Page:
In older adults, physical fitness, hormone treatment and social interaction help reduce age-related changes in the brain, suggests study.
The study investigated common characteristics of normal aging - including memory loss, reduced sleep quality, and decision-making problems.
By better understanding the aging brain, researchers hope to benefit the 500 million people worldwide who are 65 or older.
The study found that physically fit older adults have fewer signs of aging in their brains, and they outperform their peers in memory tests.
Short-term estrogen treatment leads to growth in brain regions known to be involved with attention and memory in post-menopausal women.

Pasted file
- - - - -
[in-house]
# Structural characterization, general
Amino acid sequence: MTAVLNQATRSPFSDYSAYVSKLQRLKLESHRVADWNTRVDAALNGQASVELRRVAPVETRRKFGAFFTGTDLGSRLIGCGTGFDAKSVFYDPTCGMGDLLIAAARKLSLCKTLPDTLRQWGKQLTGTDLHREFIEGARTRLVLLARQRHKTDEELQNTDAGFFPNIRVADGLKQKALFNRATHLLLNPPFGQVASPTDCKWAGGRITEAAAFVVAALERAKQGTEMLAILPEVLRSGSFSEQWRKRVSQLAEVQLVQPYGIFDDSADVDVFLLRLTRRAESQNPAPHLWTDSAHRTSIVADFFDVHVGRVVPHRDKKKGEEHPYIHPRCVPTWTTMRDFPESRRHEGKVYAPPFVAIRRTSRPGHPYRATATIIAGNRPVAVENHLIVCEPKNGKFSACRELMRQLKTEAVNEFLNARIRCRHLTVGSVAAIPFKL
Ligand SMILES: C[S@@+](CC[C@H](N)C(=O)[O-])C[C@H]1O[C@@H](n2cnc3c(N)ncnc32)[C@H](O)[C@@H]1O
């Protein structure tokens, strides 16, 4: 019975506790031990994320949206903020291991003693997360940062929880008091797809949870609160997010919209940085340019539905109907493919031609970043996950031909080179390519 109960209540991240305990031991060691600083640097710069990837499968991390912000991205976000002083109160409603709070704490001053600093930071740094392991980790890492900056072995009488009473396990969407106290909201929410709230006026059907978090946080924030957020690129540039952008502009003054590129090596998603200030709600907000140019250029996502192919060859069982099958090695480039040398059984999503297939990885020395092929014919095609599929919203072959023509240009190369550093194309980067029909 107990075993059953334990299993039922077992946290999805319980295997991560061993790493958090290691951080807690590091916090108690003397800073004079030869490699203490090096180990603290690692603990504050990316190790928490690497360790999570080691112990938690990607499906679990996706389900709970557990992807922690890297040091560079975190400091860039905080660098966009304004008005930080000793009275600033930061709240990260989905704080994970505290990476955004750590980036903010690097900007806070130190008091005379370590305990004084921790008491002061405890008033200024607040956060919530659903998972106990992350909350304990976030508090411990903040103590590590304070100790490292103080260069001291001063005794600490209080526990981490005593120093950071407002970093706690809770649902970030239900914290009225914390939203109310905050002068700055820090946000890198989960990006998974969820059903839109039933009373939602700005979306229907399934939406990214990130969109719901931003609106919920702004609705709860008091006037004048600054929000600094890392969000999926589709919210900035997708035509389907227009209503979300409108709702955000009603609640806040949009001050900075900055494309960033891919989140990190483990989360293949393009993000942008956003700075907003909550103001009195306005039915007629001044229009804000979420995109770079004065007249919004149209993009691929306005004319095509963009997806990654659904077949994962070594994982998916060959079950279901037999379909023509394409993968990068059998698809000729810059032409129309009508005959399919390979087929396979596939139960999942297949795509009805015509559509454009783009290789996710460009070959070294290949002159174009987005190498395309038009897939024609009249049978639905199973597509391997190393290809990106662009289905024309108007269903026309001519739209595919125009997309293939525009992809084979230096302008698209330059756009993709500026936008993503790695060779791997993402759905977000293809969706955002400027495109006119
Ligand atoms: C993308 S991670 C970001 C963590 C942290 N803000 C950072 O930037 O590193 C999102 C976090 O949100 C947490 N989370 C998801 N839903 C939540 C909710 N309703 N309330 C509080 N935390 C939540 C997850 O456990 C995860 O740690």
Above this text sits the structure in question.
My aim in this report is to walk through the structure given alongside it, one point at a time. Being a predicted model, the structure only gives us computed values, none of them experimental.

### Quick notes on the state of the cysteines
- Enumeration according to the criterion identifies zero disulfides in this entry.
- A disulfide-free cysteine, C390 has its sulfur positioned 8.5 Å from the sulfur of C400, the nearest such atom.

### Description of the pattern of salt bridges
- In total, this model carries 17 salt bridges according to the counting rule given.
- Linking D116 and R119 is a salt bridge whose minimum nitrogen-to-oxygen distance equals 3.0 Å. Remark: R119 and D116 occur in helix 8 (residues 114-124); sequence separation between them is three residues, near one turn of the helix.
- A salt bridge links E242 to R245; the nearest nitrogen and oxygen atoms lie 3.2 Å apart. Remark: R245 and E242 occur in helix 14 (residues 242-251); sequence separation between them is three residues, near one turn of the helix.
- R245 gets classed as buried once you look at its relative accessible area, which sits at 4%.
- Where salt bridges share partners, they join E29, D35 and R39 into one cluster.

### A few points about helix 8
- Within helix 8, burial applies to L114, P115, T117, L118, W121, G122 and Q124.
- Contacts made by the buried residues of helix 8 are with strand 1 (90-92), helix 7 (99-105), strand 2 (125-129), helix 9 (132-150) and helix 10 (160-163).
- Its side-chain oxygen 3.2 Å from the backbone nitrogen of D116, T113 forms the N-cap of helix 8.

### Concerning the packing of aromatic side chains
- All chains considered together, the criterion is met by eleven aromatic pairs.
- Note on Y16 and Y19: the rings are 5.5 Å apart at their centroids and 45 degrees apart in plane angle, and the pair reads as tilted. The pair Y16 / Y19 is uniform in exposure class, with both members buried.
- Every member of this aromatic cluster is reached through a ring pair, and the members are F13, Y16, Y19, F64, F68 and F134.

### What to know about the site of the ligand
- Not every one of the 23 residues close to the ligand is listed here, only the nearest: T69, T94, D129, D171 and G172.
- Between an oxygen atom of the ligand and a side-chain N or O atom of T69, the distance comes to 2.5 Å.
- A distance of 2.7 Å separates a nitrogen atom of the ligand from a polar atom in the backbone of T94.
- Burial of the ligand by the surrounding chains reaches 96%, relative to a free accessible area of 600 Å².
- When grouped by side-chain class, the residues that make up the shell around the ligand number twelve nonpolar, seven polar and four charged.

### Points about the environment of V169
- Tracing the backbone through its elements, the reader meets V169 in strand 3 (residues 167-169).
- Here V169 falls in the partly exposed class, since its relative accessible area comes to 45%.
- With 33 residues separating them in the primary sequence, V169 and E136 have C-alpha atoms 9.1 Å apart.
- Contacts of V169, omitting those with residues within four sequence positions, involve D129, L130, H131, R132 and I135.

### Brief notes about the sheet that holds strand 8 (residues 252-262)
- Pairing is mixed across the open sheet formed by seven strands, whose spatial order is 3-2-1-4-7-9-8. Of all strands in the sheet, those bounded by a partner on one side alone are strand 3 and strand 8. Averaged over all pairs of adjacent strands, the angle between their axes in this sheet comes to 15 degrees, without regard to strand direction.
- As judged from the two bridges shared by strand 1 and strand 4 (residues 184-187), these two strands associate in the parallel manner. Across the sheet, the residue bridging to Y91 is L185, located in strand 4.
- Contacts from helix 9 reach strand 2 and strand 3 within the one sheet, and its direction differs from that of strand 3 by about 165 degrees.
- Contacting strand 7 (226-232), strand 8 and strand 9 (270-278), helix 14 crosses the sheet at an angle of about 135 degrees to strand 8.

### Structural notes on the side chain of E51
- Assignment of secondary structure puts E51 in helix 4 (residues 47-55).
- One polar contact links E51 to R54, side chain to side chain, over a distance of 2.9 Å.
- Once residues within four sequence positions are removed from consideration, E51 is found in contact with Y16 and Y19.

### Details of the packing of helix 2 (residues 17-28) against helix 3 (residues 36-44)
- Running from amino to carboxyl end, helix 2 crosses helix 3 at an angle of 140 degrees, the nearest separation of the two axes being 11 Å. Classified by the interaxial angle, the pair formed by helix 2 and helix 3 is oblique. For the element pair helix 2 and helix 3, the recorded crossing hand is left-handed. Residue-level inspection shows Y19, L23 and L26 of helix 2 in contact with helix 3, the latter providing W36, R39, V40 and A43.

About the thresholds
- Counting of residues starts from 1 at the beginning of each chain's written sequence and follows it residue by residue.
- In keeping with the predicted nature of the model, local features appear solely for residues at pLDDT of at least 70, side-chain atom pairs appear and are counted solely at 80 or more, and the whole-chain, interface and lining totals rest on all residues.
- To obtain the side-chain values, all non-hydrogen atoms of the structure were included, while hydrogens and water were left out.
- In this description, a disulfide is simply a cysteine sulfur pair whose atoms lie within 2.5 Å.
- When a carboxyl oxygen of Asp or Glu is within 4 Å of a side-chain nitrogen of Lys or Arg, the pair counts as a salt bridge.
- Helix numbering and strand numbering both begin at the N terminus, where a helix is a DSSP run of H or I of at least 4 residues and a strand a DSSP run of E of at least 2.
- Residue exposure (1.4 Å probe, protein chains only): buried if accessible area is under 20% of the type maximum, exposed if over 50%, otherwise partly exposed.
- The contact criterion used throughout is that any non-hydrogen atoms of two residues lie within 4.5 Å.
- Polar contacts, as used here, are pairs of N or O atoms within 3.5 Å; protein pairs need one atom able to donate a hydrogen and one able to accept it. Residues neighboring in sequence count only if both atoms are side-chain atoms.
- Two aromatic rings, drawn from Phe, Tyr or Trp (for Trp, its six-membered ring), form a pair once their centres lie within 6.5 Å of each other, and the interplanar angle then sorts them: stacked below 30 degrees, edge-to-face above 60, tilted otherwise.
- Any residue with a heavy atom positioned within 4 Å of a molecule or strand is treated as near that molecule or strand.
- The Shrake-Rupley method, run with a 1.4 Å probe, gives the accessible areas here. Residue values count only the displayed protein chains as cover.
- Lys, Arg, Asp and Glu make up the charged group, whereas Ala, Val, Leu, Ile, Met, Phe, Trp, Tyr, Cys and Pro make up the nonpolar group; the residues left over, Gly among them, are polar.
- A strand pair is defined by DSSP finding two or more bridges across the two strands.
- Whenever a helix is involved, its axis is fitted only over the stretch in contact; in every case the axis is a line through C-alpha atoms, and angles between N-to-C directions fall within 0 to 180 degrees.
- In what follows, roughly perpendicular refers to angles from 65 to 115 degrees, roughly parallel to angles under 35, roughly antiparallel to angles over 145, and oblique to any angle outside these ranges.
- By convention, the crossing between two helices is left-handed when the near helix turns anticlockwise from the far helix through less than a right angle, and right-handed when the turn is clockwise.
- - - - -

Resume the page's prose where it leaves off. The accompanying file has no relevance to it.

The findings proposed the brain's plasticity may be key to preserving cognitive function.
Sleep fails to enhance the memory of older adults, unlike their younger counterparts.
The brain's ability to process social cues is preserved as people age, despite cognitive decline and other age-related changes.
The study suggested older adults might better retain information presented in a social context.
"Even as the body begins to slow down as we age, the brain, when challenged by physical and mental activities, continues to grow and change," said Barbara Sahakian, PhD, of the University of Cambridge, who studies ways to improve cognition.
"These findings offer new information about how the brain ages, and also highlights ways to educate older adults about playing a more active role in their brain health," she added.
The findings were presented at Neuroscience 2011, the annual meeting of the Society for Neuroscience.